Nevertheless, after 25 days, Graham was a quarter of the way around and in good spirits.

However, heading into Mongolia, she suffered a series of crashes that left her uninjured but shaken, the enormity of her challenge, the dangers of the road, and the distance from friends and family weighing heavily.

On one of the wilder stretches, Graham declined a young woman’s offer of a bed only to find herself spending the night sheltering from a storm in a cow poo filled drainage pipe.

Luckily the next morning some Mongolian hospitality, along with a plate of rice, meat, and peppers, and several strong coffees set her right.

'Kindness is just part of their culture in Mongolia. People have been passing me biscuits out of their car windows. I was wondering do I look that much of a state, but it’s just because they’re so so kind,' she explained.

Across the Gobi Desert, more drainage pipes provided shelter, along with a place to hide from curious locals.

Switching hemispheres, Graham arrived in Australia on 27th July. Picking up her winter gear, soon she was being assailed by kangaroos and chatty backpackers.

A second flight took Graham to New Zealand, and deeper into winter. Mountainous conditions proved difficult, but it was illness that finally forced Graham off the road and into a motel.

Conscious that a long lay-up could see her lose days, a sick Graham dosed herself with painkillers and pushed on to catch a rescheduled flight from Auckland to Anchorage, Alaska.

Crossing continents and avoiding being eaten

In North America, hungry bears replaced kangaroos as Graham’s prime concern. With bells on her bike to alert them of her approach, a can of bear mace tucked into her bivy bag couldn’t stop her feeling 'a little twitchy'.

She was right to be concerned, at one point finding herself face to face with a baby black bear.

'All the advice is to stop and stand your ground. But what do you do if you’re cycling past and lock eyes with one? Instinct told me to keep going. It made the rest of the night very nervy. It was very cute though.'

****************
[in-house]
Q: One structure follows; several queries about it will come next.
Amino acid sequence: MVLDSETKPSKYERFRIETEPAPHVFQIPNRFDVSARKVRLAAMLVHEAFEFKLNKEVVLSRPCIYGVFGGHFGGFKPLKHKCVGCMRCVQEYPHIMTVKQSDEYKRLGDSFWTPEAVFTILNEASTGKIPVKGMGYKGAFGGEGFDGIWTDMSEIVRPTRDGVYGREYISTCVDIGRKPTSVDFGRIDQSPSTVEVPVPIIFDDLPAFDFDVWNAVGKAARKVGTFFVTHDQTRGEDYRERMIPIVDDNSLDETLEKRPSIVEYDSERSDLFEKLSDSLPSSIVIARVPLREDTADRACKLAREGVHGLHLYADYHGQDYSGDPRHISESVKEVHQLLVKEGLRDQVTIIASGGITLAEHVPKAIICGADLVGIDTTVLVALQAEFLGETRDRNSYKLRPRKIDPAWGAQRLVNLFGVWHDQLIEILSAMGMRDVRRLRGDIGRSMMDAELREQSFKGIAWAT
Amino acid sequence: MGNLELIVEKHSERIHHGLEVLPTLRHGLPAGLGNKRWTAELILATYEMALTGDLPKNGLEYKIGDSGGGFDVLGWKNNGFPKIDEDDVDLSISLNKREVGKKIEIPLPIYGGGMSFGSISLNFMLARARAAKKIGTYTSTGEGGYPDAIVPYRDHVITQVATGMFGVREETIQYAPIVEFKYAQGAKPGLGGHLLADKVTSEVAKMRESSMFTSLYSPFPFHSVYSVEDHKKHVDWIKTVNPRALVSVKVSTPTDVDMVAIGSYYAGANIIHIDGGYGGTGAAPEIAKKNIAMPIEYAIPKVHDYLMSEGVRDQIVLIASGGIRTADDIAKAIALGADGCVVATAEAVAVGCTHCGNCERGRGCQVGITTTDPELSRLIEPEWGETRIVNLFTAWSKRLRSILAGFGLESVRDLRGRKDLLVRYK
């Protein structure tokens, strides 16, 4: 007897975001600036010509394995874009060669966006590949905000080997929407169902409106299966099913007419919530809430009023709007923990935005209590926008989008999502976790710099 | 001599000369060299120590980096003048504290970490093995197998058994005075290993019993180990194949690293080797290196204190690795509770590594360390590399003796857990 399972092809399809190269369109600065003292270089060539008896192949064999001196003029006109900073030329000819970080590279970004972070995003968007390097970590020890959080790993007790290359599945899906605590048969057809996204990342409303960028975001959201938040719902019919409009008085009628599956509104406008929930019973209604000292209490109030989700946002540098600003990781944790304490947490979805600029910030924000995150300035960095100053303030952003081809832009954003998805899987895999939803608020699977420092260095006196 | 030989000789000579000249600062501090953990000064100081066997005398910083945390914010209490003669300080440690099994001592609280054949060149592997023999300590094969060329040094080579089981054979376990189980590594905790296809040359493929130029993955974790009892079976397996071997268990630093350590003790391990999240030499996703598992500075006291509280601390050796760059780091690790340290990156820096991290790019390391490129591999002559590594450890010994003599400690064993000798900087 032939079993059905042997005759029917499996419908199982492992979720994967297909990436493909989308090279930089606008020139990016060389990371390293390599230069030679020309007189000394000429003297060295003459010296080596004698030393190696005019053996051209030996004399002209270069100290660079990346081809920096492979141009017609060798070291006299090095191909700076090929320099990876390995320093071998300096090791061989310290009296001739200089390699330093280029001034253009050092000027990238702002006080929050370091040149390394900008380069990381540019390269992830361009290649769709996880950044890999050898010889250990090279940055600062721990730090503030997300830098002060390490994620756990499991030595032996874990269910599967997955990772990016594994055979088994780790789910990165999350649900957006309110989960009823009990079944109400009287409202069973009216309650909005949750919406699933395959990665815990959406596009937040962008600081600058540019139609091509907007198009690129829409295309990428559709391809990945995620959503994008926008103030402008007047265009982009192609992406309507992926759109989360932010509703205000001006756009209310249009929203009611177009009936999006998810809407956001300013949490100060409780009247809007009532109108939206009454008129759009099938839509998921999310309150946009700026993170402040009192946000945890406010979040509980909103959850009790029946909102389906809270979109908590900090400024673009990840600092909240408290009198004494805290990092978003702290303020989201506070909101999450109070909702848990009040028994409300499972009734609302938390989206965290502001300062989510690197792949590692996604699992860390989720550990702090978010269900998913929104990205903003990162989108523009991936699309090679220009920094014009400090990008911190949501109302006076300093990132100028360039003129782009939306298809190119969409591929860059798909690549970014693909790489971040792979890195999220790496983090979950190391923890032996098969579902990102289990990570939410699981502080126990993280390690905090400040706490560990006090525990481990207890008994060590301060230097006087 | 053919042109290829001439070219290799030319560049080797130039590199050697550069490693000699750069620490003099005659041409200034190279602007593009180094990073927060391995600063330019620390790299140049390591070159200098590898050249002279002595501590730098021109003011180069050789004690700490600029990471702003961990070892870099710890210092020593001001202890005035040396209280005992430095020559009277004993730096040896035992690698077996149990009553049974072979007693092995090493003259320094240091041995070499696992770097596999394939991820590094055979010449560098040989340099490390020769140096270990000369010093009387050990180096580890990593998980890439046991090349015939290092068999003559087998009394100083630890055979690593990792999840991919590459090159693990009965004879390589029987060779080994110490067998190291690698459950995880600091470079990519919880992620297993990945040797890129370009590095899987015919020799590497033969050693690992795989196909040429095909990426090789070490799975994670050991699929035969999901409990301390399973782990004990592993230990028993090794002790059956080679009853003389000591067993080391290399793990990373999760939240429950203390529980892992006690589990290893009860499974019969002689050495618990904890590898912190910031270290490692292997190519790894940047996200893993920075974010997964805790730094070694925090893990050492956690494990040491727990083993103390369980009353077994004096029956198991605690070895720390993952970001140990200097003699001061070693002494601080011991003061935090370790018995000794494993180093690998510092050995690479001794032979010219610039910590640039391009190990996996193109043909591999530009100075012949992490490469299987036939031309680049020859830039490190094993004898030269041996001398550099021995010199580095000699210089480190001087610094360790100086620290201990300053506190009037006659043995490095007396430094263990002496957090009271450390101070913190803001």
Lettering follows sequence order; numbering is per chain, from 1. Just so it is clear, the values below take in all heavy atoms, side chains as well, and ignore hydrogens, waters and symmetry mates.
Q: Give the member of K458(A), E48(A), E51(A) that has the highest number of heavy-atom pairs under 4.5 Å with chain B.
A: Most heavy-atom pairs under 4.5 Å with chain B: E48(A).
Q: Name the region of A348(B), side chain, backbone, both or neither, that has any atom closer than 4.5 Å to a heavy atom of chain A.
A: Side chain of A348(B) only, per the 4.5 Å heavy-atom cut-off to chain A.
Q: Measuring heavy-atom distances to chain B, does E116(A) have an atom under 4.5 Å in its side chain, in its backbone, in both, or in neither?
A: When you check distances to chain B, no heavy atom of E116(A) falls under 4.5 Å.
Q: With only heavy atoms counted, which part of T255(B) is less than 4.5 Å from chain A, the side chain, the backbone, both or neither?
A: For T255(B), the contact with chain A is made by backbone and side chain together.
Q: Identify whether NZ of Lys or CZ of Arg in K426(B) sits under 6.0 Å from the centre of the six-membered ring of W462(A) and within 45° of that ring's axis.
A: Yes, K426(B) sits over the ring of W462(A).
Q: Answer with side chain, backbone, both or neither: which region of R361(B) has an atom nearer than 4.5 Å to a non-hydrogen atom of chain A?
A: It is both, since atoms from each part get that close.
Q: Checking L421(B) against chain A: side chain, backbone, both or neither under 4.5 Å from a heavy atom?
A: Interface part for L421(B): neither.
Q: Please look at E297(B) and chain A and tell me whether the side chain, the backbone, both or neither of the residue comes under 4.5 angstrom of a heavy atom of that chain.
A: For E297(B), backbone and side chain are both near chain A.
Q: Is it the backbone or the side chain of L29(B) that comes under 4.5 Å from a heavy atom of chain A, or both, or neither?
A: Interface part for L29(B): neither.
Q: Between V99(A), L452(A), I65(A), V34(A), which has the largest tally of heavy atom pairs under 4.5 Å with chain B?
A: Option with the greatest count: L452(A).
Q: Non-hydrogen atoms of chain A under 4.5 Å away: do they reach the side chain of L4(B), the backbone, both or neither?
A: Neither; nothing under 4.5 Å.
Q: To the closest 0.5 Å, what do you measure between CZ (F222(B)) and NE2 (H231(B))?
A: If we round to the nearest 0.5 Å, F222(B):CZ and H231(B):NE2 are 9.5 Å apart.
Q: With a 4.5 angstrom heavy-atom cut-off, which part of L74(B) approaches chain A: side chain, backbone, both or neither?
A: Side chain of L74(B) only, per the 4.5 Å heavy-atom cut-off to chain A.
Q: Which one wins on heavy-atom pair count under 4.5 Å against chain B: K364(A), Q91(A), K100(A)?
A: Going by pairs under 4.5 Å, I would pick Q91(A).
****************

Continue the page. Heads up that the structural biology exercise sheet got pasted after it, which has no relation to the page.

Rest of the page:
Passing into Canada and under the northern lights, after the Rockies the threat of being eaten abated and the weather got warmer.

However, this wasn’t all good news, as Graham found herself caught in a huge lightning storm.

In the USA a 24 hour casino provided an unusual place in which to sleep and take shelter from the snakes out on the roadside, before a final flight from Halifax, Novia Scotia to Lisbon, Portugal saw her return to Europe on 5th October.

Not trusting herself to get up after going to sleep on this final leg, at one point Graham rode for 438 kilometres over 24 hours across Portugal.

Behind her initial 110-day schedule, Graham was still set to smash the existing record, and after riding a largely uneventful final leg, rolled into Berlin at around 4pm on Thursday 18th October.

Back in Mongolia Graham described the best aspect of the ride as seeing the world in snapshot.

'I get to live on my bike all day and don’t have to deal with adult stuff. It’s really good. It’s been harder than I imagined, spending so long not speaking the language when you’re tired is difficult.'

Now ready to head home, look out for a full account of her adventures in soon.